Five-day Parliament sitting makes no sense.
The declaration of emergency, its ordinances and the economic effects the Covid-19 pandemic has had on the country should take precedence over any other matters when Parliament convenes, said lawmakers.
They said the need was made more acute because the government had set the next session of Parliament to just five days.
The emergency and subsequent ordinances must be tabled and debated by MPs, said Umno secretary-general and Pontian MP Ahmad Maslan, after the Prime Minister’s Office confirmed the Dewan Rakyat will convene on July 26.
Ahmad felt the house should debate the emergency and demanded extra days to be added to the schedule to facilitate meetings.
“The ordinance should not just be laid on the table, it must be debated. Furthermore, there are many issues to debate. How can they allow only five days?”
“At least we need 20 days to discuss Covid-19 and the 12th Malaysia Plan,” he said in a tweet.
Ahmad said the government must allow face-to-face Parliament meetings as all MPs and staff have been vaccinated.
“I’m not against amending Parliament’s standing orders to allow for hybrid sittings, but that should not take precedence over the emergency and the Covid-19 pandemic,” said Mahfuz Omar (Pokok Sena-PH).
“We can amend the standing orders to allow for future meetings, but the most urgent issue now is the emergency, which ends on August 1,” said the Amanah vice president.
He said that this is why the King last month had asked for Parliament to meet as soon as possible.
“Parliament wouldn’t be rushed if the government had acted when the king spoke last month,” he said.
Sim Tze Tzin (Bayan Baru-PH) also believes that amending the standing orders to allow for hybrid meetings is not as urgent as debating the emergency.
“As it is, we are already the first group to have achieved herd immunity with all the MPs, senators and Parliament staff vaccinated.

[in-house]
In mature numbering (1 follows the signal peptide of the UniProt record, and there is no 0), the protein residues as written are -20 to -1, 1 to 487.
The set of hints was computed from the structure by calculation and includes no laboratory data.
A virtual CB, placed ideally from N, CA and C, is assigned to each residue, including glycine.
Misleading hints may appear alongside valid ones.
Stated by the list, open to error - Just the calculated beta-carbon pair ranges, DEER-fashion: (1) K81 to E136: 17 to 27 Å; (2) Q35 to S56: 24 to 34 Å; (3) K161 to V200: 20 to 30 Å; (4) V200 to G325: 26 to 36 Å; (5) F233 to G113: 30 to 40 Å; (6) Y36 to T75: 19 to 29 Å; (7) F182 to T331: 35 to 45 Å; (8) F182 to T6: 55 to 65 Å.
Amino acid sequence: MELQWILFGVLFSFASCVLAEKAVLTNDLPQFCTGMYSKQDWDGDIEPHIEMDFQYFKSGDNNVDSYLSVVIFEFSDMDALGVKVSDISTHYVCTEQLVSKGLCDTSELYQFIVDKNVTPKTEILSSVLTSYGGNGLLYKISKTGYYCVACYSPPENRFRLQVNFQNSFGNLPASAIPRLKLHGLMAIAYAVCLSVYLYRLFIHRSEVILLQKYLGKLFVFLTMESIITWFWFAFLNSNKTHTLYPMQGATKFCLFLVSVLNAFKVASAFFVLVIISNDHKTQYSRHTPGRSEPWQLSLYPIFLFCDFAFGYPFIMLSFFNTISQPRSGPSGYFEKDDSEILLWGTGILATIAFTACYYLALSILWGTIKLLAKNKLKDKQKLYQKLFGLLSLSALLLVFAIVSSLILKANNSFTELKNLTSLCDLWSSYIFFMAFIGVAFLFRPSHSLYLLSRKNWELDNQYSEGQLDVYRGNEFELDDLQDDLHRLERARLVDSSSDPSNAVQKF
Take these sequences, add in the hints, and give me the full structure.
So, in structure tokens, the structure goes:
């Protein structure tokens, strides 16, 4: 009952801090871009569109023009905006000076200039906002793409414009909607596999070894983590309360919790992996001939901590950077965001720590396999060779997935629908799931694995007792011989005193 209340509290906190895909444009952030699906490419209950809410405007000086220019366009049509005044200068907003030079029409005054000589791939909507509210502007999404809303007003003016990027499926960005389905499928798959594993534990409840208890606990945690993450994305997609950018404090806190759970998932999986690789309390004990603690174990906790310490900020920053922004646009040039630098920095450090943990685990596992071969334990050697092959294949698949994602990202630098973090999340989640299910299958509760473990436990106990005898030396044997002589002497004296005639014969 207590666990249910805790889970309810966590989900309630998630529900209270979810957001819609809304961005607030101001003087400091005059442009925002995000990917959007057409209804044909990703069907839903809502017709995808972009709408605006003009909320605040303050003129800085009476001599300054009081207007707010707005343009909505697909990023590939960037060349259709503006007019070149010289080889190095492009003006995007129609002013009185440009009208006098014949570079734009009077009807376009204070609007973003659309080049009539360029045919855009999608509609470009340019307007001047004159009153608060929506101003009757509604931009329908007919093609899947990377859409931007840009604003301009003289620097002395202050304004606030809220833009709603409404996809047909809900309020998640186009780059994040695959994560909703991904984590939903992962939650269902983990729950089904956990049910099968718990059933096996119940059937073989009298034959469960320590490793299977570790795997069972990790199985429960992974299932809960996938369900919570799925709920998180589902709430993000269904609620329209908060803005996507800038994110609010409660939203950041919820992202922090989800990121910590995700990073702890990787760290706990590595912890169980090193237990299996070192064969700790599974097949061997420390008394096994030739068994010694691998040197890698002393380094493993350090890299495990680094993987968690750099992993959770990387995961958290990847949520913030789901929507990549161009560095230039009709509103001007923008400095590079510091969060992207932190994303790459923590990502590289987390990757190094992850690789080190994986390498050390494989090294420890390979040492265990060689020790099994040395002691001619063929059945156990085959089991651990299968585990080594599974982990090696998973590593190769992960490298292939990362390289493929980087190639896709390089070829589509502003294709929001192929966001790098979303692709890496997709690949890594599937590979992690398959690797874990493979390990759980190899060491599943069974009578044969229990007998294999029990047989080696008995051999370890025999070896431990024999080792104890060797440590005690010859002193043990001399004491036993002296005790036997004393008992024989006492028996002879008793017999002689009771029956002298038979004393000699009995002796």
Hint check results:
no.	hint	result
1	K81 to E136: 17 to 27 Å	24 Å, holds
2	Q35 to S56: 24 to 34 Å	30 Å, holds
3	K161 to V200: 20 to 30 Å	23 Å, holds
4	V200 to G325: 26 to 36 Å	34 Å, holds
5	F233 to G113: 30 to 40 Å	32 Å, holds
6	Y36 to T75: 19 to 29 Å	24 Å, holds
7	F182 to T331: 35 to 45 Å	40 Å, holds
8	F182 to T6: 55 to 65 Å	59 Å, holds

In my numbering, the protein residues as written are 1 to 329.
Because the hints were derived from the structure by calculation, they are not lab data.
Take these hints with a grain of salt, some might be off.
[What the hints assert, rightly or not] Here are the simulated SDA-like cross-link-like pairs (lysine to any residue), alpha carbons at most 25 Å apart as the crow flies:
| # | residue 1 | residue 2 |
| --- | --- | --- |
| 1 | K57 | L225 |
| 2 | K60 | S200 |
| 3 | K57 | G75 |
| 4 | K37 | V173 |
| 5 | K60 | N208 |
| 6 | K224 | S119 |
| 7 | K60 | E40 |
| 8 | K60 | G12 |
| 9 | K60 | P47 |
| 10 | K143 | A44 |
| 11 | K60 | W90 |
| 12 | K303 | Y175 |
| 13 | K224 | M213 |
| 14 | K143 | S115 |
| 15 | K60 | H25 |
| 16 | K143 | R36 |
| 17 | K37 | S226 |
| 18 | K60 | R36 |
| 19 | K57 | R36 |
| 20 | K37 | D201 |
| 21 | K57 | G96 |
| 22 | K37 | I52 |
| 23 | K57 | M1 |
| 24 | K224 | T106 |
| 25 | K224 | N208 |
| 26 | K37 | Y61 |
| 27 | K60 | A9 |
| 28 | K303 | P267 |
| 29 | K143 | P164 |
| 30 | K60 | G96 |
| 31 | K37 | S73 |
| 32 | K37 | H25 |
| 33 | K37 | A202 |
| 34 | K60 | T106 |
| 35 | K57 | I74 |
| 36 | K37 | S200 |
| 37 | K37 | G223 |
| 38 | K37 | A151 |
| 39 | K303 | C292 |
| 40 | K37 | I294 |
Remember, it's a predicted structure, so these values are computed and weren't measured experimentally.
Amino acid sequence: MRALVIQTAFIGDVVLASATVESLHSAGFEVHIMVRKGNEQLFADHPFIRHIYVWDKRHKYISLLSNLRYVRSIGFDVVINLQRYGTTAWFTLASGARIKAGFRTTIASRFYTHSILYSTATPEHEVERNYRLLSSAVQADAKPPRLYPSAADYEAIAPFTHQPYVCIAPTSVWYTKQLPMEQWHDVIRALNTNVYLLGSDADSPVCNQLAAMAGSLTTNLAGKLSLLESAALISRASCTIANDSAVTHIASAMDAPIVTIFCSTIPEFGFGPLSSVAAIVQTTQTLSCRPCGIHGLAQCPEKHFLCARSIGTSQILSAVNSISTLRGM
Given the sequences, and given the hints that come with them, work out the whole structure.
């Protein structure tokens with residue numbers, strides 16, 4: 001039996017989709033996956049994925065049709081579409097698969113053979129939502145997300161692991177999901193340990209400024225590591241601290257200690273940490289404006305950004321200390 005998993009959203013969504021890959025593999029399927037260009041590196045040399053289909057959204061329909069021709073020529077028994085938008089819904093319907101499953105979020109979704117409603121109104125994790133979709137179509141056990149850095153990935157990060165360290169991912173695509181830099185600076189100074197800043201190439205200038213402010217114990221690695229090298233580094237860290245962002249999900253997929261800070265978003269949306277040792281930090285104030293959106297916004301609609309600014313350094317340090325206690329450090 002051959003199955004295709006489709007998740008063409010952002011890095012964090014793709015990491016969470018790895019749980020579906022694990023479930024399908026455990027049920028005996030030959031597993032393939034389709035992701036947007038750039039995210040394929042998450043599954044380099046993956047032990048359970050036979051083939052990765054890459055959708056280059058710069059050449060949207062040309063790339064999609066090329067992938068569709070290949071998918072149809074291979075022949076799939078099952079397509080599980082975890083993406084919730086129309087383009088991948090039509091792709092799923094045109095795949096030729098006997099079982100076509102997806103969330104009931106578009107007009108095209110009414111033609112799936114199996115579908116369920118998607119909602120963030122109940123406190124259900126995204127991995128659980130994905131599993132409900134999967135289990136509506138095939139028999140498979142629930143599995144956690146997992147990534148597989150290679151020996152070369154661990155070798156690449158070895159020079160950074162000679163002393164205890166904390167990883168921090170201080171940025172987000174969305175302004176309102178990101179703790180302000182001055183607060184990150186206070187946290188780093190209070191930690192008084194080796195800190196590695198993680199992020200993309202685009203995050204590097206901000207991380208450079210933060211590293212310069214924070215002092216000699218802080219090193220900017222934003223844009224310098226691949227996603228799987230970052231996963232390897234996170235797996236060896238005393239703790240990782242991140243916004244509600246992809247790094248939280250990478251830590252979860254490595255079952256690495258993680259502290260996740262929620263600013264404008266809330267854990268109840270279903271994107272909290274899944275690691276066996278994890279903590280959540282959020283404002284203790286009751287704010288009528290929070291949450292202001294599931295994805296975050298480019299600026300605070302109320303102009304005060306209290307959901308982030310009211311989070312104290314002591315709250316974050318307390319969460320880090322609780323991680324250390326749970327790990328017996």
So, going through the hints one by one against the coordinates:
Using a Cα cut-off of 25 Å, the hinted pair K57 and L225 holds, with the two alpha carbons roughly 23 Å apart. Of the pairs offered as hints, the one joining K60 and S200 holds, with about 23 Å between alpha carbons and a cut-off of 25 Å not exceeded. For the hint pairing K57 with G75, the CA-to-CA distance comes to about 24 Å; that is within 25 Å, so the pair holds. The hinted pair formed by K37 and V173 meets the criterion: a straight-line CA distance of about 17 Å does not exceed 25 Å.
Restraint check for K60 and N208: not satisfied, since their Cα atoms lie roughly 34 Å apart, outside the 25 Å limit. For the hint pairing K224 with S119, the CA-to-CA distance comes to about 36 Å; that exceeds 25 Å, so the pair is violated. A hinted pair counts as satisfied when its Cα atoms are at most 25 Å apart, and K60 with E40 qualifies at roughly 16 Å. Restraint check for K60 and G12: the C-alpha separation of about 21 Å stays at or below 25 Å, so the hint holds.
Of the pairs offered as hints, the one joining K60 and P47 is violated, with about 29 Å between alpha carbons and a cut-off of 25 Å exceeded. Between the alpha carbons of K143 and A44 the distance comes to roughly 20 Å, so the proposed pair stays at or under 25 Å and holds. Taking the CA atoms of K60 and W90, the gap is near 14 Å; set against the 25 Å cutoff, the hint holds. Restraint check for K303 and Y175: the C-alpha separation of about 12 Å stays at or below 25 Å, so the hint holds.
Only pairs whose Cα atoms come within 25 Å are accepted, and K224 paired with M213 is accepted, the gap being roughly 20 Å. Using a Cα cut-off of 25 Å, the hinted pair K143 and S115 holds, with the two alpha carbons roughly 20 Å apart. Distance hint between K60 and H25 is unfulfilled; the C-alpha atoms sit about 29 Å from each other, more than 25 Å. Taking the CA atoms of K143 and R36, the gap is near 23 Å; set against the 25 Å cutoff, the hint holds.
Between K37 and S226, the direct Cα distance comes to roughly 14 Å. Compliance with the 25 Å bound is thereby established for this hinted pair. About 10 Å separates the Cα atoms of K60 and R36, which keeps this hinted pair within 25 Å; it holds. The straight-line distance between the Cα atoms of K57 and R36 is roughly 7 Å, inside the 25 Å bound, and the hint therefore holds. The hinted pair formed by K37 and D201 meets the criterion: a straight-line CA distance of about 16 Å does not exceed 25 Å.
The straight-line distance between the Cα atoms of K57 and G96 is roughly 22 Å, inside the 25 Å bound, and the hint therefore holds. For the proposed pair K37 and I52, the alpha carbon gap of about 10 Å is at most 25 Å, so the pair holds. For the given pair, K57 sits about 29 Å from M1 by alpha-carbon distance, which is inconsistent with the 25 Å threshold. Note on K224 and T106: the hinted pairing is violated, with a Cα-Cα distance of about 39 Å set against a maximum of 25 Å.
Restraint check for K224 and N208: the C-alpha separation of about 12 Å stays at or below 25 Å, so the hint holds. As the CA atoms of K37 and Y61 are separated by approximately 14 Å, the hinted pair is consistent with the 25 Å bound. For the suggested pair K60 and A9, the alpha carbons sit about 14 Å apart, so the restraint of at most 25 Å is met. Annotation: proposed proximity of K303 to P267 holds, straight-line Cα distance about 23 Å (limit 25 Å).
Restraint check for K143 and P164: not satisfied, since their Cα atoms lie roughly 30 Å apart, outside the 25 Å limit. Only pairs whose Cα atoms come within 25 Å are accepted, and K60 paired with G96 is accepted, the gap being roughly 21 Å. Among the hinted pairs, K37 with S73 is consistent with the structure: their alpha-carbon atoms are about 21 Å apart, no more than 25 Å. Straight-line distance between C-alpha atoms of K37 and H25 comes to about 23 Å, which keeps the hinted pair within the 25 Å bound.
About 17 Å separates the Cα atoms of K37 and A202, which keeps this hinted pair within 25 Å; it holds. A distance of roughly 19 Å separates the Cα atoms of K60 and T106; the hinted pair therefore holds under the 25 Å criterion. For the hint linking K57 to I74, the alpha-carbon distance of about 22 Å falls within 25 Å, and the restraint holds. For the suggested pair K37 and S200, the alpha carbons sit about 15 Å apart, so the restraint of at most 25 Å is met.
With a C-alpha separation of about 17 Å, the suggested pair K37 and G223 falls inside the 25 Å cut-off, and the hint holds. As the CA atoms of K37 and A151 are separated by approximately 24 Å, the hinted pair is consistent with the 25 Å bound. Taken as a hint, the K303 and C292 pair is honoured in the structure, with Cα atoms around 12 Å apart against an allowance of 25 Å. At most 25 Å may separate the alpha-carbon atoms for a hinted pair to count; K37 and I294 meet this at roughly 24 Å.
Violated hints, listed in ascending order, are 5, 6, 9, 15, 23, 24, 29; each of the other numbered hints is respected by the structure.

“So, why rush this hybrid idea when there are only five days for more than 200 MPs to voice voters’ concerns?”
Sim, who is the former agriculture deputy minister, said the more urgent issue is to come up with new ideas on how to help Malaysians who have suffered the effects of Covid-19 for 18 months.
“During this period, many have lost their incomes, have resorted to borrowing from loan sharks and even committed suicide. Isn’t it more important to talk about how to help them recover rather than whether we should have hybrid meetings?” said the PKR leader.
Kota Kinabalu MP Chan Foong Hin said that preparing for hybrid meetings is good but untimely.
“It’s the right thing for the wrong time as there are more urgent issues to look at. I can accept amending the standing orders for future hybrid sessions, but for now, it’s not pertinent.”
Chan repeated the point about Parliament staff and lawmakers being among the first to achieve herd immunity and therefore it’s not a priority to debate this now.
“More urgent is how to help Sabahans who have suffered so much from the pandemic and the lockdowns,” said the DAP leader.
Former agriculture minister Salahuddin Ayub also questioned the number of days allocated to Dewan Rakyat, as this was the first opportunity for MPs to question the government.
PKR leaders Chang Lih Kang (Tg Malim) and Noor Amin Ahmad (Kangar) also said five days were insufficient.